It was another explosive weekend for American Sniper, which broke the record for the biggest Super Bowl weekend at the box office in its third week of wide release. Earning an estimated $31.9 million, Clint Eastwood’s Oscar-nominated drama continued to steamroll over the competition, including several wide releases that flopped or fizzled this weekend. Even with a strong take, the film dipped a bigger-than-expected 51% in its third frame, a bit worrying given the strong 28% hold that American Sniper has last week.
With an astounding $248.9 million take so far, American Sniper is already the fifth-highest grossing R-rated film of all-time. It is also a few days away from surpassing The Hangover Part II ($254.5 million), which also starred Bradley Cooper, to take fourth place on that chart. (Fun fact: Three of the five highest-grossing R-rated movies of all time in North America have Cooper in the lead role.) Beyond the Super Bowl record, Sniper also blew past its own mark set last weekend for widest release for an R-rated film: it currently plays in 3,885 theaters across the country. While Sniper is still poised to become one of the biggest films of 2014 – an incredible feat for an R-rated Iraq War drama – it needs to have better drops to come close to surpassing The Passion of the Christ ($370.8 million) to be the R-rated champion.
Two films skewing for younger audiences tied for second place this week. Paddington enjoyed its last weekend without major family competition by dropping only 31% to earn $8.5 million. The Weinstein Company was smart to move the kid-friendly adaptation to January from a competitive Christmas Day, as the film has already surpassed the $50 million mark. Even though Spongebob could cause a big drop for Paddington next weekend, it should still find its way to around $65 million in North America and more than $200 million worldwide.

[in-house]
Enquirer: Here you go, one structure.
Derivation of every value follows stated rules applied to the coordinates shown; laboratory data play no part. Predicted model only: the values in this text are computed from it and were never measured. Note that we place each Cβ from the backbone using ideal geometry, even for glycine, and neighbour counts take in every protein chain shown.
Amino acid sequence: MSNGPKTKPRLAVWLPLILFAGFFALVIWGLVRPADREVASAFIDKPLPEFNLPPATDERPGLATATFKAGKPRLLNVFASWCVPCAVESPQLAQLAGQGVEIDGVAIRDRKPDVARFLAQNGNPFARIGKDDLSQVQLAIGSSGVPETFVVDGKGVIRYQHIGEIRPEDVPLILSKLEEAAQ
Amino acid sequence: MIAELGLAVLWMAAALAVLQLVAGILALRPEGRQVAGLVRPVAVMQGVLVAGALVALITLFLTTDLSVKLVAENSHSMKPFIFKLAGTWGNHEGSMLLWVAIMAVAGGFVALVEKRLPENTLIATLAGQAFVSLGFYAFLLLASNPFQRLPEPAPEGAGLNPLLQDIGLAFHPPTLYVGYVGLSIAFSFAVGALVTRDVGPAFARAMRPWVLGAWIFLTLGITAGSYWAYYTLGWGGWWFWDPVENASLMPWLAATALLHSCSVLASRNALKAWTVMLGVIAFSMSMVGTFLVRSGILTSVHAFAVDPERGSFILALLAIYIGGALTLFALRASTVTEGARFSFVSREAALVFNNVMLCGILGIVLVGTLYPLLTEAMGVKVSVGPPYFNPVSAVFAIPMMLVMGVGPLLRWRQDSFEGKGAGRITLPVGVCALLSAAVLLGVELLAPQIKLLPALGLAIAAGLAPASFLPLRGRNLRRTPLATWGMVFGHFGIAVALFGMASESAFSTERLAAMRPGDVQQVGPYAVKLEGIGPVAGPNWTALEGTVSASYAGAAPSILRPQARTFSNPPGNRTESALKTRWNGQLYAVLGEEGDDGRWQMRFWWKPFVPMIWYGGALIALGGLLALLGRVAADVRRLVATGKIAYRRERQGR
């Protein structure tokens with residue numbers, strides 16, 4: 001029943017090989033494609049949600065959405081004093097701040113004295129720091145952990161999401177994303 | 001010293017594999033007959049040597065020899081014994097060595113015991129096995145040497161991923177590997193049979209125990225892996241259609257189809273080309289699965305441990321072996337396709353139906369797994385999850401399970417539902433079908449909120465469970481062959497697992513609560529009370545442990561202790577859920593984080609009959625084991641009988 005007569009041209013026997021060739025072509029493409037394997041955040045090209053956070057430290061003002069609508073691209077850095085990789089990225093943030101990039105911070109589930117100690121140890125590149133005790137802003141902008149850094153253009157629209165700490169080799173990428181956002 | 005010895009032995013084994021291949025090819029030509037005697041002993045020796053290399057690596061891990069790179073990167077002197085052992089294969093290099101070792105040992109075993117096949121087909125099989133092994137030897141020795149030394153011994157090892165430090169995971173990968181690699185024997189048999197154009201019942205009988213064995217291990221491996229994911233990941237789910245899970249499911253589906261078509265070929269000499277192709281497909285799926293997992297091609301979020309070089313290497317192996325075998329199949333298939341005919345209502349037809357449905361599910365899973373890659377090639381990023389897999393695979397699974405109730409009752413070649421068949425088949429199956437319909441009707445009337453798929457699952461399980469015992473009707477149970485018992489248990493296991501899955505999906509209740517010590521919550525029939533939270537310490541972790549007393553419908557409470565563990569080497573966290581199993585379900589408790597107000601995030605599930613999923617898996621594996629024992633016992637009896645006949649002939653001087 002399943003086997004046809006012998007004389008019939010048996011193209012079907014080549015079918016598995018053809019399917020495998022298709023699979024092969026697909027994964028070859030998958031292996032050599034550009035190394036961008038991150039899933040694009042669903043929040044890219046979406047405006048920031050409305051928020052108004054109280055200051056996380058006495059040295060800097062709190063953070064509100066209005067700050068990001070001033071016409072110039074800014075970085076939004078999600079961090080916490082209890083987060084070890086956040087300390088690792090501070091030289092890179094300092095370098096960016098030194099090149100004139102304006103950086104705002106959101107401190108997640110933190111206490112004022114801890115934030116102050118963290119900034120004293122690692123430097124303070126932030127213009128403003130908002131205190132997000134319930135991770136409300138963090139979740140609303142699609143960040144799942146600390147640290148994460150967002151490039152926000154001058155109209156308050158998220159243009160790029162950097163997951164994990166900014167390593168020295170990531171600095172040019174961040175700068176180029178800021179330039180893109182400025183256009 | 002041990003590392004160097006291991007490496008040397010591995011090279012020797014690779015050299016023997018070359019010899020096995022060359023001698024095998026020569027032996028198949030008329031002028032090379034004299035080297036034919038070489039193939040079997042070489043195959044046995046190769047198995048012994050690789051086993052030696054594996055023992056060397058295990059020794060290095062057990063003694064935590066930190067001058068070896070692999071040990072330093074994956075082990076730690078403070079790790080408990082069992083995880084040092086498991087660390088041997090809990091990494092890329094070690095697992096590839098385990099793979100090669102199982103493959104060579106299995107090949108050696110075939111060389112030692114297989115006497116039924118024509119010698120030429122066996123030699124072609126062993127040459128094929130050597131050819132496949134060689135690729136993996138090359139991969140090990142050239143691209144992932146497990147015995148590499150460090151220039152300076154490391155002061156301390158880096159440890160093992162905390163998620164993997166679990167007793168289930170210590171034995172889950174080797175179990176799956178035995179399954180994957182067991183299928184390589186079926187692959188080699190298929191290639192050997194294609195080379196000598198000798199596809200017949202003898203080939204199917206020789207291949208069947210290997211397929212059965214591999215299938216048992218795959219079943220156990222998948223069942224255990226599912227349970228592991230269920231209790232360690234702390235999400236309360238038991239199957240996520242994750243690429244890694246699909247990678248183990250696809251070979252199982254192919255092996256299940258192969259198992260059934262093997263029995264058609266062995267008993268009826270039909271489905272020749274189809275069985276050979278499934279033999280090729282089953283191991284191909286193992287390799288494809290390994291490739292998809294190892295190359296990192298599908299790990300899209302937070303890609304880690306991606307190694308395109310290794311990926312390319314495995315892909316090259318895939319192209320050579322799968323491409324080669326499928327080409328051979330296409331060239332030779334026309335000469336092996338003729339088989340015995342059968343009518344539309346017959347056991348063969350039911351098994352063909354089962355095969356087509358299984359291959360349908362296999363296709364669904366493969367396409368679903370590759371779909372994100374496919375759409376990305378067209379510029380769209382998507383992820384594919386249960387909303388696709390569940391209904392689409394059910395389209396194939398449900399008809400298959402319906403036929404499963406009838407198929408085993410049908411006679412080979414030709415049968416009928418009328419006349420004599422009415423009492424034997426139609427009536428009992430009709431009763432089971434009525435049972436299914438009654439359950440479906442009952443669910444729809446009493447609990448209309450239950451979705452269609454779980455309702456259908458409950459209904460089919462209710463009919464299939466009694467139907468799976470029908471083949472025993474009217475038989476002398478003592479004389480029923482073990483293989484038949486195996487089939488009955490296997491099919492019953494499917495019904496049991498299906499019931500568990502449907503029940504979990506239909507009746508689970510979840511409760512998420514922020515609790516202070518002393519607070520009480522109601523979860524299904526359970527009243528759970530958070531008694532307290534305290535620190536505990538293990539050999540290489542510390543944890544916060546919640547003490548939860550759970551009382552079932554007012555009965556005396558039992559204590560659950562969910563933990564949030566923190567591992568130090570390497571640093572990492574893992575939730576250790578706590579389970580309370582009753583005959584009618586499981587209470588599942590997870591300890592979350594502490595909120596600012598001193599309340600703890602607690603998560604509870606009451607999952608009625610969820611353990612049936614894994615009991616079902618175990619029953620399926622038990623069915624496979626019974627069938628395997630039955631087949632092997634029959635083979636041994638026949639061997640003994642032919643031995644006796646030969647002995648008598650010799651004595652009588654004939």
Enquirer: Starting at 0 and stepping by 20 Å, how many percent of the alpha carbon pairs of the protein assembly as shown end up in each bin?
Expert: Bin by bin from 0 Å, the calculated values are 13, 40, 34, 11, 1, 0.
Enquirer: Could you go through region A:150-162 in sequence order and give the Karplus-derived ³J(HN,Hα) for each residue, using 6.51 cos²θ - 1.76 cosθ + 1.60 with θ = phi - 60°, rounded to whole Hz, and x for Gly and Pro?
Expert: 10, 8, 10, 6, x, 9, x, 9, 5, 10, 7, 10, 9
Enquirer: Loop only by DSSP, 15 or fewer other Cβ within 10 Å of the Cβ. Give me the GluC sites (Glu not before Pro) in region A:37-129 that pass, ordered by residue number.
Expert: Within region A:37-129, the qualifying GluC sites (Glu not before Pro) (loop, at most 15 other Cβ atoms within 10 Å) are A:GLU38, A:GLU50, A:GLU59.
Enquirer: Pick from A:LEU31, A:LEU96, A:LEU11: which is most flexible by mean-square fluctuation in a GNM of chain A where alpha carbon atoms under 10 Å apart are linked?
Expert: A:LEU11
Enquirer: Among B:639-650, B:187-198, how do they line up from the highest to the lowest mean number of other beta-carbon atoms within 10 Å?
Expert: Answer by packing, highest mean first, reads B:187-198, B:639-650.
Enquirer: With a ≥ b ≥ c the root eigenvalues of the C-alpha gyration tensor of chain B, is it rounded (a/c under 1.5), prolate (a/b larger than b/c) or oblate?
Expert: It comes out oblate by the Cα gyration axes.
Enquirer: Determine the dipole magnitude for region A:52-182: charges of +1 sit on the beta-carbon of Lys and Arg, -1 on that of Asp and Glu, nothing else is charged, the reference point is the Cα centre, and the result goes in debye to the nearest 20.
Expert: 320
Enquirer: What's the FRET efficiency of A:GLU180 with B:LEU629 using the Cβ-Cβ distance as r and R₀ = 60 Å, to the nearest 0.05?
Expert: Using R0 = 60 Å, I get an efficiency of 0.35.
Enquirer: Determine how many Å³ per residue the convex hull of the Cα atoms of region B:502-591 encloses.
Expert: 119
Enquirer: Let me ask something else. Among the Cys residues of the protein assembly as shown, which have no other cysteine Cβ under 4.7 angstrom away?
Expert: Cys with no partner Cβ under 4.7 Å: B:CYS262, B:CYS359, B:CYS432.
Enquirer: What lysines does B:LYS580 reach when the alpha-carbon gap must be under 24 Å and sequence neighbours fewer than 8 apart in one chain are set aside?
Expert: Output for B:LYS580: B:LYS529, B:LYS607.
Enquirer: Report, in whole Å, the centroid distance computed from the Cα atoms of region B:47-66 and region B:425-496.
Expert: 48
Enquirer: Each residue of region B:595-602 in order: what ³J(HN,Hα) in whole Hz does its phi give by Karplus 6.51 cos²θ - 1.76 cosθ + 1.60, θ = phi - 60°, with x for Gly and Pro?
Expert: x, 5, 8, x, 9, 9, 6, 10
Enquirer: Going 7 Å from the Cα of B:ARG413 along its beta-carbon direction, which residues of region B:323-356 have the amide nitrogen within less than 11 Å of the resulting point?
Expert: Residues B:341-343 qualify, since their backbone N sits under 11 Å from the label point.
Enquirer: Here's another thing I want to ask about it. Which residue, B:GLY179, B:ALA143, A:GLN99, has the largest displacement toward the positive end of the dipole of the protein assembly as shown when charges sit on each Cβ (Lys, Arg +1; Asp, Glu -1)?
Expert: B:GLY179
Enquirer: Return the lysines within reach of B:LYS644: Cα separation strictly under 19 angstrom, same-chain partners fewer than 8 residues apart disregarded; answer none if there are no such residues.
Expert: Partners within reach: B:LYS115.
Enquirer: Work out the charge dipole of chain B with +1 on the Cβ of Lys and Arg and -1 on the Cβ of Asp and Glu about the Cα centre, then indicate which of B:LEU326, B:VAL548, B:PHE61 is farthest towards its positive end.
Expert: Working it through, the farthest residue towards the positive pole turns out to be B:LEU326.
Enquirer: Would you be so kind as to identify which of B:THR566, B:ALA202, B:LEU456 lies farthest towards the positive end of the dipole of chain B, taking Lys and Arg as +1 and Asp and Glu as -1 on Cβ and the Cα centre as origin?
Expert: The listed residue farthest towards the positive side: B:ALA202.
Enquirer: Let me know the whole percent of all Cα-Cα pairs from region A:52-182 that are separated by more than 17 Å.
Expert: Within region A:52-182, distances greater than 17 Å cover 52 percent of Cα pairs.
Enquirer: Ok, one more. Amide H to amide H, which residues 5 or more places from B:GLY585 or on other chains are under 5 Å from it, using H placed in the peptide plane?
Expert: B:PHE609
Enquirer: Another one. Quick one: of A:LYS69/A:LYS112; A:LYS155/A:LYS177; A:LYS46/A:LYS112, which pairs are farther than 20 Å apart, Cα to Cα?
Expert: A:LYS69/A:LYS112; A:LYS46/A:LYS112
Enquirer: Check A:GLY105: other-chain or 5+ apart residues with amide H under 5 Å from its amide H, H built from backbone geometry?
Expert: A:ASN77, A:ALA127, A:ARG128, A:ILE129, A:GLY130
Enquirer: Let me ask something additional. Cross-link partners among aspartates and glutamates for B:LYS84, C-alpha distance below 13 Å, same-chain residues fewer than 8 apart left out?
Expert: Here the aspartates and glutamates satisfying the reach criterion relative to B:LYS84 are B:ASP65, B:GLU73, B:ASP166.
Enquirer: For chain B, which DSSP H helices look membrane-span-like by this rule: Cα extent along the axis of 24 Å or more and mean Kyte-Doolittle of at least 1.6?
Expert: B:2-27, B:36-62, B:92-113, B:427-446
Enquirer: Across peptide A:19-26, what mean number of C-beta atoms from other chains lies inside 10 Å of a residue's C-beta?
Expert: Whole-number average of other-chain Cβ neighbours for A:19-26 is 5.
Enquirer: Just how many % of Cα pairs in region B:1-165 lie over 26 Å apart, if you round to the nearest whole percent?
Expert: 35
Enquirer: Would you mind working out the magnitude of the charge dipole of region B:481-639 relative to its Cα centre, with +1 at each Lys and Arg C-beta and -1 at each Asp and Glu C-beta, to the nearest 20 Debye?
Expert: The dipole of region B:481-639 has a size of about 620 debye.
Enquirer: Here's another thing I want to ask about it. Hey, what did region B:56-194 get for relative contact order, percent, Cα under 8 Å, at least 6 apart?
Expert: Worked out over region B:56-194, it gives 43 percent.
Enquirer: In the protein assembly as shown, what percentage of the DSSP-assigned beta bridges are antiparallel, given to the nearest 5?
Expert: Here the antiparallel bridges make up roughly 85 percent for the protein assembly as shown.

Meanwhile, Paramount probably wishes it could go back in time and market Project Almanac in a more appealing way, as the found footage drama found a smaller audience than expected, also taking in $8.5 million over the Super Bowl weekend. Among other found footage films, that is in the same range as Devil’s Due ($8.3 million), As Above/So Below ($8.6 million) and Apollo 18 ($8.7 million). It was also about the same as Earth to Echo made last summer ($8.3 million), but that sci-fi film had two extra days to burn off demand after a Wednesday opening. Considering Almanac‘s PG-13 rating and intriguing storyline, the film was expected to debut in the teen millions. Its opening was only 39% of what Chronicle ($22 million) earned during its Super Bowl debut in 2012. A B CinemaScore does not indicate a long road ahead.